One of the most rewarding aspects of the project was how effectively the young people were able to connect with older generations and talk about their lives in the city (opposite right); in return, the younger generation discovered the connection between their own relatives and the former textile mills of Biddeford’s heyday. This restored pride of place laid the foundation for positive change.
“We are a postindustrial city, having gone through a lot of mill closures, with a lot of loss of jobs and subsequently loss of community pride and hope for the future,” says Delilah Poupore, director of the Heart of Biddeford, a nonprofit founded in 2004 to help revitalize downtown. “There was even a trash incinerator installed in the middle of town in the 1980s. People in other towns began referring to Biddeford as ‘Trash Town,’ and this had an effect on the young people.”
‘One difference that I have seen between students and adults is that students are often very engaged, curious about the process, and like to do hands-on projects such as sketching/drawing and field work — the more technical the better.’
— Sonja Johnson, Engineering Associate, Newberg, Oregon
In 2009, Biddeford (pop. 21,303) launched a planning initiative in collaboration with the Orton Family Foundation, called Community Heart & Soul. “As part of this, we worked closely with high school teachers,” says Poupore. In one project, students interviewed their grandparents about why they had moved to Biddeford, the city’s glory days, and what they still cherished about the town. “Some of the grandparents pointed out buildings where they had had their first dates, where they had gone dancing, where they had gone bowling,” she says. “This gave the students a completely different view of their town.”
“By prioritizing these values and integrating them into subsequent projects, we found there was a lot less contention than there otherwise would be,” says Poupore.
Excitement and enthusiasm for Biddeford’s future began to grow. By 2011, the city council had approved a new Downtown Master Plan. In one forum to discuss the plan, some 40 high school students attended, providing a lot of input on the projects that they wanted to see. The last time Poupore checked, 80 percent of the initiatives in the plan had already been accomplished or are in process.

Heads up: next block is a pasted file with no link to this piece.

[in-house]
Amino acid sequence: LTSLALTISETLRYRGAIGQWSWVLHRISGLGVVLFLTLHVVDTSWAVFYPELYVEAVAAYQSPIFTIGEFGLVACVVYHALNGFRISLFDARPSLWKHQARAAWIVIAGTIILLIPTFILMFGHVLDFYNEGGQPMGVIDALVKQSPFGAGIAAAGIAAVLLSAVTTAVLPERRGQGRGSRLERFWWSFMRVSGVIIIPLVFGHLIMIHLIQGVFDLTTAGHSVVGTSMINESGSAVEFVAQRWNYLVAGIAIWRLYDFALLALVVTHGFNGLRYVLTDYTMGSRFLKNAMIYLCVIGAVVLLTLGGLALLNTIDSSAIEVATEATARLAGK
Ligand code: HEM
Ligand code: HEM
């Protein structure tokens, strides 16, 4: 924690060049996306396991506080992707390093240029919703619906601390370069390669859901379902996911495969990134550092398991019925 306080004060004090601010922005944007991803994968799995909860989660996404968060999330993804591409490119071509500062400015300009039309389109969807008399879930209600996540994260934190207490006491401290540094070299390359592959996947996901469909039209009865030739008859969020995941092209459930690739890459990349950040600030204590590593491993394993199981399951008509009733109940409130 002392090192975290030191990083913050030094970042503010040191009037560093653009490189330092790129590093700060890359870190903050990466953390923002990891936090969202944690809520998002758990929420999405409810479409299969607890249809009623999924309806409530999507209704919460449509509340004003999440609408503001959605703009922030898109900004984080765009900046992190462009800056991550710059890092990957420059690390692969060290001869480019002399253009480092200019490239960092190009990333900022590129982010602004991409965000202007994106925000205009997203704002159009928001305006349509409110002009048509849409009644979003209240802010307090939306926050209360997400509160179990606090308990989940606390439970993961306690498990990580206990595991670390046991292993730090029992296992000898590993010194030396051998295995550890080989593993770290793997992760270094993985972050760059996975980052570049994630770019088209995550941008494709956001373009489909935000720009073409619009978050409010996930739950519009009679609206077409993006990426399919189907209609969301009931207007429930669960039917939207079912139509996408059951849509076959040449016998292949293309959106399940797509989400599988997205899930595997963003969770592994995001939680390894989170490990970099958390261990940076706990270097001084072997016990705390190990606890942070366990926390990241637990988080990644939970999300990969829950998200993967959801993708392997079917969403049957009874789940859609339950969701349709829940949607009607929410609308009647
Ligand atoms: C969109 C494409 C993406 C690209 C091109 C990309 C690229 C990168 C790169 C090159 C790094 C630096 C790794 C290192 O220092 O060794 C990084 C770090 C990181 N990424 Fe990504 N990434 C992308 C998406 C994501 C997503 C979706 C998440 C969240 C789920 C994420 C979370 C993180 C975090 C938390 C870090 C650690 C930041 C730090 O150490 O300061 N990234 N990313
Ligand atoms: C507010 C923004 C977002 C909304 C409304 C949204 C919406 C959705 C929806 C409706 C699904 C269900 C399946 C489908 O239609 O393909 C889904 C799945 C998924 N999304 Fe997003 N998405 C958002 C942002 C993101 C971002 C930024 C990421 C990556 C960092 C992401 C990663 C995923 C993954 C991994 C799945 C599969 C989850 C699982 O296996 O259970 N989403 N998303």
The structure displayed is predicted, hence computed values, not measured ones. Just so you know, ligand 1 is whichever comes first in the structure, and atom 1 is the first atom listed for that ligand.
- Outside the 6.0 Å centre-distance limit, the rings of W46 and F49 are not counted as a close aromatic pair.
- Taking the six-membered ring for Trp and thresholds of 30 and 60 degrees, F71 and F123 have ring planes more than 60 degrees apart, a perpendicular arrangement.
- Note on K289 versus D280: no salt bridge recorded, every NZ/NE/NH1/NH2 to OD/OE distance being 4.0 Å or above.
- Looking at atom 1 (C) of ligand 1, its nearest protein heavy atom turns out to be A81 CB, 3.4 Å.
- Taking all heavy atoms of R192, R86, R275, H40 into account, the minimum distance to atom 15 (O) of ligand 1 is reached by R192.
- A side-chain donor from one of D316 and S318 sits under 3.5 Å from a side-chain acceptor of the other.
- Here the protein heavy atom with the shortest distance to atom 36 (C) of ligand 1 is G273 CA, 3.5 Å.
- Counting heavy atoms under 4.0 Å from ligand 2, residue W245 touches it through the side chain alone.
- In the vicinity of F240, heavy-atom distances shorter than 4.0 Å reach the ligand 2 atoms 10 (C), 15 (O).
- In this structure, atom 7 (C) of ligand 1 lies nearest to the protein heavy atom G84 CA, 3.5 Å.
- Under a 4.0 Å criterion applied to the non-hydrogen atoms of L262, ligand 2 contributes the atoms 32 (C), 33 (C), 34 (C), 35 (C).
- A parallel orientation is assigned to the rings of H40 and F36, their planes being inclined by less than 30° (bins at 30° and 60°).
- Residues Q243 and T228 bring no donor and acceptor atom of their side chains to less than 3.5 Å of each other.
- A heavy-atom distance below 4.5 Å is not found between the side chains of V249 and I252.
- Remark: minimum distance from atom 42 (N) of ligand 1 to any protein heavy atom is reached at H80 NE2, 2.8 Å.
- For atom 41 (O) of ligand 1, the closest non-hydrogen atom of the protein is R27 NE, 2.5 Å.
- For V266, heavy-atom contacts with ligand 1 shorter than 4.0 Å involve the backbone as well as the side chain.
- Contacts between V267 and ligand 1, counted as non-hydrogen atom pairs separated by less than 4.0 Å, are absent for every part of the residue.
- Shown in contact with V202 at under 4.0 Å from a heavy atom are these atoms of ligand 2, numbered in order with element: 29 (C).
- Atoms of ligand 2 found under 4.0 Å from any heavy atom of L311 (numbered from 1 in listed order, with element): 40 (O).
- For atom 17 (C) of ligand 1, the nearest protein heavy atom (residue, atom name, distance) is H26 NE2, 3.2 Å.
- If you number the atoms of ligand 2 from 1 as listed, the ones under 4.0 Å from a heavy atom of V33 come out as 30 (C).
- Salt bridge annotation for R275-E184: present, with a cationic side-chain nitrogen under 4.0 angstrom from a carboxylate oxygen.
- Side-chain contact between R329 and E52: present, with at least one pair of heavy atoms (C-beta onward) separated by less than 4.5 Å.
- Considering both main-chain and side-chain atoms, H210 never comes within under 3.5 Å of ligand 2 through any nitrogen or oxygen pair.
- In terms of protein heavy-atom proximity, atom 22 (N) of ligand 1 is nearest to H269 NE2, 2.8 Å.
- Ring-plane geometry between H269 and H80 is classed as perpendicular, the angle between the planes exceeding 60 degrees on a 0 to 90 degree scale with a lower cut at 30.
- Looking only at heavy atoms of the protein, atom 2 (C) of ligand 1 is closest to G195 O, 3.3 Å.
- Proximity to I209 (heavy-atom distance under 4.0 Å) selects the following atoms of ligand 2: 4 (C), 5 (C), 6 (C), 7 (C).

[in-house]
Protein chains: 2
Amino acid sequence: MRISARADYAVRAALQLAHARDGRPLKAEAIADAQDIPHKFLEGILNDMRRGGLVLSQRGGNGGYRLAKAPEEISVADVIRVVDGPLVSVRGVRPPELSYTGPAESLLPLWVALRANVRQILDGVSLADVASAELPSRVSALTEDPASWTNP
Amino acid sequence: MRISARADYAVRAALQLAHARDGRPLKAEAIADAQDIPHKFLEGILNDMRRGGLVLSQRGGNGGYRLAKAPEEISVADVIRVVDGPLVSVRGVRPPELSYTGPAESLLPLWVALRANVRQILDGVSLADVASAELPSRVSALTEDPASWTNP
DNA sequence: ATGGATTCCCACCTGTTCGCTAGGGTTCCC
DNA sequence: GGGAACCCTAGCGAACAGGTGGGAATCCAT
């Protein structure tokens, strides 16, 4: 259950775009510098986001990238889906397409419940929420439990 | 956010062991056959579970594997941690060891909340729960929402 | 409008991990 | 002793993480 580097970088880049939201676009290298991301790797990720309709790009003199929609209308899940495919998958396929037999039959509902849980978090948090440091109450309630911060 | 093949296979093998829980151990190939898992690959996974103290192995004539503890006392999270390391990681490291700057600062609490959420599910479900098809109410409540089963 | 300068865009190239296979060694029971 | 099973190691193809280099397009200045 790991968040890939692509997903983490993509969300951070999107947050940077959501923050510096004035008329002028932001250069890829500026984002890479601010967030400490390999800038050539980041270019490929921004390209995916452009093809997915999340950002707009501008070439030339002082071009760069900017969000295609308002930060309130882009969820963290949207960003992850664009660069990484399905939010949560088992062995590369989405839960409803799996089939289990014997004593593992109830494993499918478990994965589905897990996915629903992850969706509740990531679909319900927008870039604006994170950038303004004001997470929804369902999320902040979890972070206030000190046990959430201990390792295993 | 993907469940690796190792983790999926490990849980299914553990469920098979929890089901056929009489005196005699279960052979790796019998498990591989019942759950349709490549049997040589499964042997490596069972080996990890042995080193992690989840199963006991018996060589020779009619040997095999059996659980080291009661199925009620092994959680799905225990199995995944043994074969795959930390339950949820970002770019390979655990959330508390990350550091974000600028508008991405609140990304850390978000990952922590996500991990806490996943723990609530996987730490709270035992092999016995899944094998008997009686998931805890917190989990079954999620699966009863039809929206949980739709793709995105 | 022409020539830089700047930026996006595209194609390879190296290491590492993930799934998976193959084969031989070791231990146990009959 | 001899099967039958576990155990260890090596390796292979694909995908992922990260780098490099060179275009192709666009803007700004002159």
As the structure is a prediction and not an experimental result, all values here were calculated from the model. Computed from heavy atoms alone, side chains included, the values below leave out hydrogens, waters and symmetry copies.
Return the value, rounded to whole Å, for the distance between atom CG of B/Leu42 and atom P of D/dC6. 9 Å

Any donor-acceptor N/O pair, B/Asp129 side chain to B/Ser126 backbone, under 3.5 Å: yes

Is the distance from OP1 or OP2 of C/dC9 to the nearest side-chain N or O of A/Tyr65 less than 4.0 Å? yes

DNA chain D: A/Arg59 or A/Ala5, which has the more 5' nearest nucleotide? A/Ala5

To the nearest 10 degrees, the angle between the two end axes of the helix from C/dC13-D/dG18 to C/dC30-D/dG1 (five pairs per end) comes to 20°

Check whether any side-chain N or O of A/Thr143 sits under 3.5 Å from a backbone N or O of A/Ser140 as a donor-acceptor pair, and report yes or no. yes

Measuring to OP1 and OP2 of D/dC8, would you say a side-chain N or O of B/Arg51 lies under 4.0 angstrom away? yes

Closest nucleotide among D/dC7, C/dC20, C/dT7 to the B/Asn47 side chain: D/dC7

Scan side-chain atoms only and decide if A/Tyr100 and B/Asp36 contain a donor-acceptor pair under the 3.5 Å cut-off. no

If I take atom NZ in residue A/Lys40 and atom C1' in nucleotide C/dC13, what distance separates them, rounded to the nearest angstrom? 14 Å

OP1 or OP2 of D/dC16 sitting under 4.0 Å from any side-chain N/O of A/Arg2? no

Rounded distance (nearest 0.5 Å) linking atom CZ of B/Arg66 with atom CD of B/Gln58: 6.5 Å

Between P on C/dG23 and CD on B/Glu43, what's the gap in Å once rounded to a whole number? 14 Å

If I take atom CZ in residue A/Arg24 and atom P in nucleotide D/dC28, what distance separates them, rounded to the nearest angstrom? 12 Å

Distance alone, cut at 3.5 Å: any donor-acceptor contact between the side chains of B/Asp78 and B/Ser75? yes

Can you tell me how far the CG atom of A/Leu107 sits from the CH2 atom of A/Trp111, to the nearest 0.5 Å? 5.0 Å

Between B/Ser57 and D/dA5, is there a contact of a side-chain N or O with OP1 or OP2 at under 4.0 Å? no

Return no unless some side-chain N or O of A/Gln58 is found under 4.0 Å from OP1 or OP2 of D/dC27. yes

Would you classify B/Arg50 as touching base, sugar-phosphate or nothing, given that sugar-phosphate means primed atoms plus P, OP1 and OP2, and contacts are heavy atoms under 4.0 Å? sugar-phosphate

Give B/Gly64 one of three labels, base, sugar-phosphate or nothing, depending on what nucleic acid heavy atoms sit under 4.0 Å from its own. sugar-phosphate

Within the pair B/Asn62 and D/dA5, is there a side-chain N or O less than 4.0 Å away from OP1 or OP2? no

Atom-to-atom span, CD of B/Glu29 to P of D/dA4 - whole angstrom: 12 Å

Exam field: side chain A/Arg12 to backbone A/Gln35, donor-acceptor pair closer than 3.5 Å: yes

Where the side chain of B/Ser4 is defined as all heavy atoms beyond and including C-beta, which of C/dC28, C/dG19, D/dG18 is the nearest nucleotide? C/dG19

Then, in 2012, the city took a bold step: It purchased the land where the incinerator was located and demolished it. After that, people starting thinking about repurposing rather than tearing down the city’s old mill buildings, modernizing them to attract new businesses, Poupore says. A $50 million project currently under way will convert a closed mill building into upscale apartments, a hotel, and restaurants.
A long-term benefit of Biddeford youth’s involvement is that, “as a result of their experiences, the students now have more hope for the town than they previously did,” Poupore says.
The level of participation in planning projects, triggered by the high school project, has also made it easier to get grants,” she says. “When agencies find that you have 350 people actively involved in community development and planning, they are much more willing to seriously consider grant proposals.”
And then there’s this outcome. “Sitting four feet from me is a high school graduate who was involved in the grandparent interviewing project,” says Poupore. “She attended the University of New England-Biddeford, and is now our AmeriCorps-VISTA representative, because she wants to stay in Biddeford and make a difference here.”
William Atkinson is a freelance writer based in Carterville, Illinois.
Podcast: The Orton Family Foundation tapped into youth energy in the Community Heart & Soul project in Biddeford, Maine. tinyurl.com/jou9j44
APA Ambassadors: The APA Ambassadors pilot program is made up of active members of the American Planning Association of any age and level of experience who volunteer their time, experience, and talents to advance the public understanding of planning and promote the planning profession. APA Ambassadors have been active at schools and community events, raising awareness about the importance of planning and the profession. Learn more at tinyurl.com/jgm224c.